952 F.Supp. 869 (D.Mass. 1997), C. A. 71-162, Inmates of Suffolk County Jail v. Sheriff of Suffolk County

Docket Nº:C. A. 71-162
Citation:952 F.Supp. 869
Party Name:Inmates of Suffolk County Jail v. Sheriff of Suffolk County
Case Date:January 02, 1997
Court:United States District Courts, 1st Circuit, District of Massachusetts
 
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Page 869

952 F.Supp. 869 (D.Mass. 1997)

INMATES OF THE SUFFOLK COUNTY JAIL, et al., Plaintiffs,

v.

SHERIFF OF SUFFOLK COUNTY, et al., Defendants.

Civil Action No. 71-162-REK.

United States District Court, D. Massachusetts.

Jan. 2, 1997

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        Max D. Stern, Lynn G. Weissberg, Stern, Shapiro, Weissberg & Garin, Boston, MA, for Julio Gonzalez, Carlos Manuel Lopez, Stephen Gordon, Rogelio Santiago and Inmates of Suffolk County Jail.

        Chester A. Janiak, Burns & Levinson, Boston, MA, Douglas Wilkins, Attorney General's Office, Boston, MA, for Commissioner of Corrections.

        Thomas O. Bean, Attorney General's Office, Boston, MA, for Commonwealth of Massachusetts.

        Chester A. Janiak, Paul E. Stanzler, Holly A. Ditchfield, Burns & Levinson, Boston, MA, for Robert Rufo.

        Augustus J. Camelio, AFSCME Council 93, AFL-CIO Boston, MA, for American Federation of State, County, and Municipal Employees Council 93, AFL-CIO.

        Opinion

        KEETON, District Judge.

        Pending before the court are the following motions:

        (1) Motion of the Sheriff of Suffolk County to Terminate All Prospective Relief Within the Meaning of and Pursuant to 18 U.S.C. § 3626(b) (2) (Docket No. 375, filed June 14, 1996); and

        (2) Defendant Commissioner of Correction's Motion to Vacate Consent Decree (Docket No. 378, filed June 24, 1996).

Plaintiffs oppose both motions. The United States of America has intervened and filed a Memorandum of Law of the United States of America with Respect to the Constitutionality of Certain Provisions of the Prison Litigation Reform Act (Docket No. 398, filed September 26, 1996).

        The motions are allowed in part and denied in part.

        I. Procedural Background Preceding the Prison Litigation Reform Act

        The procedural history of this twenty-five-year-old litigation is well documented in many of this and other courts' opinions, most recently in this court's Memoranda and Orders of March 31, 1993, January 25, 1994 and June 14, 1994. This opinion recites only briefly the procedural history and focuses primarily on the most relevant parts of the modified Consent Decree that is the subject of the pending motions.

        The plaintiff class, all pretrial detainees being held in the Suffolk County Jail, brought suit against the defendants in 1971, challenging as unconstitutional the conditions of their confinement. At the time, Suffolk County pretrial detainees were held at the Charles Street Jail, which was built in 1848. Although invoking numerous problems with the aging facilities, the plaintiffs' lawsuit focused especially on the defendants' practice of "double-bunking" inmates in cells designed to hold only one person. In 1973, then presiding Judge Garrity found that the conditions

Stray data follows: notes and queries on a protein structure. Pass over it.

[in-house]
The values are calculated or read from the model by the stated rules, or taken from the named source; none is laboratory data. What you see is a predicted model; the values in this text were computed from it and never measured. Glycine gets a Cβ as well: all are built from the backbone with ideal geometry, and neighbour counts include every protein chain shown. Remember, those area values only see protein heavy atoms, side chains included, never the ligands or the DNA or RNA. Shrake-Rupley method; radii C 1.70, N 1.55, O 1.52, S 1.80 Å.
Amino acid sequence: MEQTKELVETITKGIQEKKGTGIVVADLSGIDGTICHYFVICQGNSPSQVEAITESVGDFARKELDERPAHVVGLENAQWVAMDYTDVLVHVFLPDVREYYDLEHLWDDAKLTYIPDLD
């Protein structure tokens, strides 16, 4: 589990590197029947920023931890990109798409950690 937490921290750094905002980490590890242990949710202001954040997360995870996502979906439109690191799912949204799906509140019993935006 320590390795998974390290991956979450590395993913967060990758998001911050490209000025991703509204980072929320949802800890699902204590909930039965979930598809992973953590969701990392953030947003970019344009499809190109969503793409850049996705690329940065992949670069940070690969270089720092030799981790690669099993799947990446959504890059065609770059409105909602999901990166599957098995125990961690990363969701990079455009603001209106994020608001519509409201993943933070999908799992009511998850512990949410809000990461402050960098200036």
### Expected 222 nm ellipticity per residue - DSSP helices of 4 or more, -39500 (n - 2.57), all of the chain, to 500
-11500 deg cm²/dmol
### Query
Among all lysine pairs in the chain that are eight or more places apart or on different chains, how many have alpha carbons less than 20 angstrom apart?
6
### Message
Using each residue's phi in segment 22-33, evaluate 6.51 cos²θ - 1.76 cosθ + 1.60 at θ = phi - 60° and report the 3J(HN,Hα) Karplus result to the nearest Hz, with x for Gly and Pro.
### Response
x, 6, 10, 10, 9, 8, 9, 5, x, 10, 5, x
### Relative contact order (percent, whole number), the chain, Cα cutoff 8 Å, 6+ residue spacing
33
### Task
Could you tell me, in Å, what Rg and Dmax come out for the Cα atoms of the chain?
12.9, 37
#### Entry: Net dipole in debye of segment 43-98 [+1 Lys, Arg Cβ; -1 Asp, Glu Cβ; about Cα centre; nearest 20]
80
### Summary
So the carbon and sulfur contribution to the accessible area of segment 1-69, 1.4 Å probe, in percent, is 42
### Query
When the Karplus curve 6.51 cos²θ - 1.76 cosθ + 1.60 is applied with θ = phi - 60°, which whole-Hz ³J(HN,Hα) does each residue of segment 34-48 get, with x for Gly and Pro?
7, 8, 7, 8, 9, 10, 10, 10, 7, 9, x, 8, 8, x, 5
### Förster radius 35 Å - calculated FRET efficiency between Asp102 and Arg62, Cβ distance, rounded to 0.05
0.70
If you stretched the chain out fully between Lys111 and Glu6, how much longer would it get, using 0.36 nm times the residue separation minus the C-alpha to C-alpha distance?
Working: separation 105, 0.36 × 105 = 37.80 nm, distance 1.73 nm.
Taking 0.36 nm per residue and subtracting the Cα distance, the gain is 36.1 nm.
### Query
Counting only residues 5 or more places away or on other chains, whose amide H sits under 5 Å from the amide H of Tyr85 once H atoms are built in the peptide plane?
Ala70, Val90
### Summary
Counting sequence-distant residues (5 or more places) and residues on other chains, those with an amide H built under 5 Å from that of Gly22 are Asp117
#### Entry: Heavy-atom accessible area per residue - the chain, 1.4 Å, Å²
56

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at the Charles Street Jail violated the constitutional rights of the plaintiffs, ordered a permanent injunction against double-bunking at the jail, and set a date after which no pretrial detainees could be held at the Charles Street Jail.

        After years of substantive and procedural conflict, the parties entered into the Consent Decree on May 7, 1979. The decree was modified on April 11, 1985, April 22, 1985, August 30, 1990, and June 14, 1994. Key provisions of the Consent Decree, as modified, are set forth here.

        May 7, 1979 Consent Decree. Following introductory paragraphs in which the defendants expressed their desire to "fulfill their duties under state and federal law to provide, maintain and operate as applicable a suitable and constitutional jail for Suffolk County pretrial detainees" and the plaintiffs expressed their desire that they "not be exposed to unconstitutional conditions of pretrial confinement," the document declared:

        And whereas all parties desire to avoid further litigation on the issue of what shall be built and what standards shall be applied to construction and design [of the new jail];

        And whereas all parties agree that for the purposes of this litigation the Suffolk County Detention Center, Charles Street Facility, Architectural Program which is attached and, as modified ... below, incorporated in this decree, sets forth a program which is both constitutionally adequate and constitutionally required.

        April 11, 1985 Order Modifying Decree. Having recognized the changed circumstance of an unforeseen magnitude of increase in the jail population, the court in this order granted the plaintiffs' motion to modify the Consent Decree in the following way:

        It is therefore ordered, adjudged and decreed that the Consent Decree be modified as follows: